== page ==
The Onam Sadhya is an elaborate feast during Onam where at least 11-12 dishes are prepared for one meal served on banana leaves. Some meals will have more than 25 types of curries to try. You could call it a food sampler's heaven.

In Indonesia, Seren Taun brings villages together.

Seren Taun — which literally translate as "to give" and "year" — is an annual Sundanese rice harvest festival and ceremony in West Java, Indonesia. Held in a number of traditional villages in the area, the festival marks the close of one agricultural year and the start of the next. It's a time to reflect, to thank God for an abundant harvest, and to pray for another successful harvest in the new year. And it's a time to dance and parade around. A lot.

Farmers parade around with freshly harvested fruits. Image via Omeo Gacad/AFP/Getty Images.

During the Seren Taun ceremony, farmers have a ritual: They take their rice harvest and present it to a community leader to be stored in a communal barn.

It's all about the moon at China's Mid-Autumn Festival.

The festival, also referred to as the Lantern Festival or Mooncake Festival, is celebrated in China and in other east Asian countries when the moon is believed to be at its fullest and roundest. A full moon symbolizes fulfillment in life, with good fortune and love.

Loved ones reunite for meals and conversation. Lanterns light up the area, and people feast on mooncakes — a Chinese dessert — while admiring the moon above.

It's a mooncake! Image via Jimmie/Flickr.

Whether you eat mooncakes, turkey, 25 different curries, or cranberry sauce out of a can, every tradition is special in its own way.

Our cultures may vary from one another, but we're not all that different. We all have a shared longing to feel loved and secure. And eating and giving thanks together is a way to do just that.

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5 reasons why Friendsgiving is secretly the best fall holiday there is.

Friends are your family by choice. You should celebrate them.

You've heard of Friendsgiving, right?

That's Friendsgiving (not to be confused with America's day of giving thanks or that one time you and your friends gathered to watch every single Thanksgiving episode of "Friends"). Photo via iStock.


As the name implies, Friendsgiving is just like Thanksgiving only celebrated with friends, not family. I'm a sucker for celebrations that involve food and friends, and any day that lets me celebrate both at once, so Friendsgiving is one of my favorite holidays (although — yes, Mom — I definitely love Thanksgiving, too).

But because Friendsgiving often gets overlooked, here are five reasons you should celebrate Friendsgiving too:

1. Friendsgiving fills a void for people who'd rather not spend the holiday with family.

Thanksgiving can be a very stressful, anxiety-inducing day. Many people have complicated family relationships and issues they're not ready to discuss with a table of people. And for some of us, those messy family dynamics are a deal-breaker (and rightfully so).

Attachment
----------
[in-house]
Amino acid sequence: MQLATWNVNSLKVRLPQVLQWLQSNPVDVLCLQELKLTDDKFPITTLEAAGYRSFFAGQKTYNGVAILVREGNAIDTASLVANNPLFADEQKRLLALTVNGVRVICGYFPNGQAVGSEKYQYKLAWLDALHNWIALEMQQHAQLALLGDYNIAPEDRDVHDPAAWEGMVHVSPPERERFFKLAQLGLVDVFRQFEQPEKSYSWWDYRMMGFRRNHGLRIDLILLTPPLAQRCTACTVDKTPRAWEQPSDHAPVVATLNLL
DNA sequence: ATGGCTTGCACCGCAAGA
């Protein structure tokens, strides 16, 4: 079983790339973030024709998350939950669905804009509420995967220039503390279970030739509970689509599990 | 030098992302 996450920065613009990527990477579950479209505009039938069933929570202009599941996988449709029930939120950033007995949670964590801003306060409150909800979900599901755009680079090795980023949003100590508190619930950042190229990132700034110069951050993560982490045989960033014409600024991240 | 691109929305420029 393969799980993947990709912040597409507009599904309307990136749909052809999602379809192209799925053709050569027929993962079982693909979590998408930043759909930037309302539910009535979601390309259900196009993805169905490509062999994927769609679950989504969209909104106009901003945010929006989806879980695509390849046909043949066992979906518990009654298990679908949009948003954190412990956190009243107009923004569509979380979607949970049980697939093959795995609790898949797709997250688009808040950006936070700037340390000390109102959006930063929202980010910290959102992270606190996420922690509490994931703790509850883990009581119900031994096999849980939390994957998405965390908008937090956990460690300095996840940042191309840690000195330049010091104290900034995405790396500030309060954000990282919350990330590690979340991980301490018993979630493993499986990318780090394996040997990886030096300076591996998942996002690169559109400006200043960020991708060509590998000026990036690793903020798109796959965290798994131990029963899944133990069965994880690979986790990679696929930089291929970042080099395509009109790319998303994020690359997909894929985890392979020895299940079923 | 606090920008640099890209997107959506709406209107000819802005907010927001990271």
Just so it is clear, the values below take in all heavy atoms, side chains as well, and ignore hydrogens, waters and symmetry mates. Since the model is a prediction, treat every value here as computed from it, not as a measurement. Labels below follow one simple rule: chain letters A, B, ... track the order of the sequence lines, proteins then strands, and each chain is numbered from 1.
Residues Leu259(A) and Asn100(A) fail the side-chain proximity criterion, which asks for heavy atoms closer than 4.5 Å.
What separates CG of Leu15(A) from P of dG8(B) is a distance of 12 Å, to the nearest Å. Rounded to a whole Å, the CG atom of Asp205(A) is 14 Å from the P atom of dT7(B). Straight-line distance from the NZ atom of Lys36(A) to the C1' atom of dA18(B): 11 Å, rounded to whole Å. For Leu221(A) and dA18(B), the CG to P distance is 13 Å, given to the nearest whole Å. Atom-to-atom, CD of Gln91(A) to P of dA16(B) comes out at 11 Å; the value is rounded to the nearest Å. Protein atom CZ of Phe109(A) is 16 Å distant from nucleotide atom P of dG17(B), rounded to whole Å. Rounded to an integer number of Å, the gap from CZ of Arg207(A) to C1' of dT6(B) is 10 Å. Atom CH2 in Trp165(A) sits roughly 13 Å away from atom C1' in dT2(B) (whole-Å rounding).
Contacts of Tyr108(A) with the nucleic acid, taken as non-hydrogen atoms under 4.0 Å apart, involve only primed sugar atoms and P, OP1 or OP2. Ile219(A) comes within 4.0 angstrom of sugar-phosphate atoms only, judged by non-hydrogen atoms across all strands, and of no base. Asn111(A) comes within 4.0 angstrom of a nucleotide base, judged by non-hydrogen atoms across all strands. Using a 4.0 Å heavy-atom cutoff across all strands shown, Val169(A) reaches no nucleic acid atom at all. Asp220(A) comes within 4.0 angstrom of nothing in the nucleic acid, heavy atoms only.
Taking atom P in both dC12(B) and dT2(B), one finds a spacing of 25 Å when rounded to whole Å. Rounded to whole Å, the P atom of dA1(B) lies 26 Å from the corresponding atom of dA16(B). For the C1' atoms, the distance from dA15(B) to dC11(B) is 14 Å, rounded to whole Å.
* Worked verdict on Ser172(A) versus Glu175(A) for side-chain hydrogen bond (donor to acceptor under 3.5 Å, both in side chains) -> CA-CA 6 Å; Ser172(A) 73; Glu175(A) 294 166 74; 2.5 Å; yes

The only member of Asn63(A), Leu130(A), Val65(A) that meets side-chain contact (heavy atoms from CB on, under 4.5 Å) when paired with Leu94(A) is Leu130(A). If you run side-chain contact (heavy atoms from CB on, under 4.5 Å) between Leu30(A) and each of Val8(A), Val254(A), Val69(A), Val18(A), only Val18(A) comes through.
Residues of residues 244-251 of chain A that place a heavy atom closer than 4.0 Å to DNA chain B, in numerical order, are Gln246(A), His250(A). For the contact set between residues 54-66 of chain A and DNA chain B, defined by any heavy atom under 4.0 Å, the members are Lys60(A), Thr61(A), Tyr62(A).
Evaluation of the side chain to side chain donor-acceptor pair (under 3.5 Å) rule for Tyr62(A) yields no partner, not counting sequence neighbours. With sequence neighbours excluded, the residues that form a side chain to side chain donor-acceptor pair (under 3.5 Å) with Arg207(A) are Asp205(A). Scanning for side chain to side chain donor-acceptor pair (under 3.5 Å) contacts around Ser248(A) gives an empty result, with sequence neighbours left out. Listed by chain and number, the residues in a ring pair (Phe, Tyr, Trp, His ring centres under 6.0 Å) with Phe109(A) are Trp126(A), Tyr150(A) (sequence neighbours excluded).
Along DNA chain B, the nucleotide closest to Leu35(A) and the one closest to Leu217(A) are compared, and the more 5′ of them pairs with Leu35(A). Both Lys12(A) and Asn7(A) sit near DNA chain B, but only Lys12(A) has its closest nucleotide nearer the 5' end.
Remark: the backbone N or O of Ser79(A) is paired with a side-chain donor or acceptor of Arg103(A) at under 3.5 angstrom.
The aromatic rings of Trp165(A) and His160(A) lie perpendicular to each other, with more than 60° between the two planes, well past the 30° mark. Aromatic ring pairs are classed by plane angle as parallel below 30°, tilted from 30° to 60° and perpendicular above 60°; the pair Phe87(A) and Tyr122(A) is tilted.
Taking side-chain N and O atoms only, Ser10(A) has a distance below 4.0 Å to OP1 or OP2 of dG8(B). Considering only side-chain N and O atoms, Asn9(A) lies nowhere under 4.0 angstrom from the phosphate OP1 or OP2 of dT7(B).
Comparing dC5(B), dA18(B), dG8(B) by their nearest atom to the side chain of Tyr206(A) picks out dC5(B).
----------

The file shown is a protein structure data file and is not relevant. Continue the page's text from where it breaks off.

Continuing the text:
Photo via iStock.

For, say, an LGBTQ person whose parents aren't fully accepting or someone dating a person of a different race who has ... let's go with "old school" (*cough* racist *cough*) ... family members, Thanksgiving can be nothing short of a painful affair. So it makes sense that they'd want to skip it altogether.

But Friendsgiving? Much different. You're with the family you choose.

As Kat Kinsman wrote for CNN's Eatocracy in 2013, friends are just easier:

"We picked each other. ... We each know how to make ourselves happy, and are eager to share these best and brightest parts of ourselves, whether they're traditional dishes, blessings, stories and rituals, or something that struck our fancy this year that we're eager to give."

2. Friendsgiving is for eating whatever foods you want. And its usually done potluck-style.

Alfredo pizza fan? Go for it. Pad thai with shrimp? YES. Dessert first? Why not?

If you're not the meat-and-potatoes type that salivates over a more conventional Thanksgiving meal, Friendsgiving might be for you. Mix it up with your friends. Add variety to the table. Live a little! If you ask me, it's easier to swap in new dishes with trusting buddies than to convince Uncle Pat there's nothing to fear about chicken curry.

Photo via iStock.

And here's where your kitchen-savvy friends come in. Because with Friendsgiving, everyone brings their culinary A-game. (And bonus points if your friends come from various backgrounds and have different cultures/traditions/unique takes on the holidays to share.)

Sure, some families already do this for Thanksgiving and divvy up food responsibilities. But with Friendsgiving, it's the standard. Jessica Ferri, a Brooklyn-based writer who's hosted Friendsgiving since 2009 with her husband, says it's part what of makes the day so special.

"I really love that it gets all my friends cooking," she told Upworthy, noting that as host, she takes on the turkey every year, but friends bring plenty of other dishes. "Some of [my friends] are incredible cooks."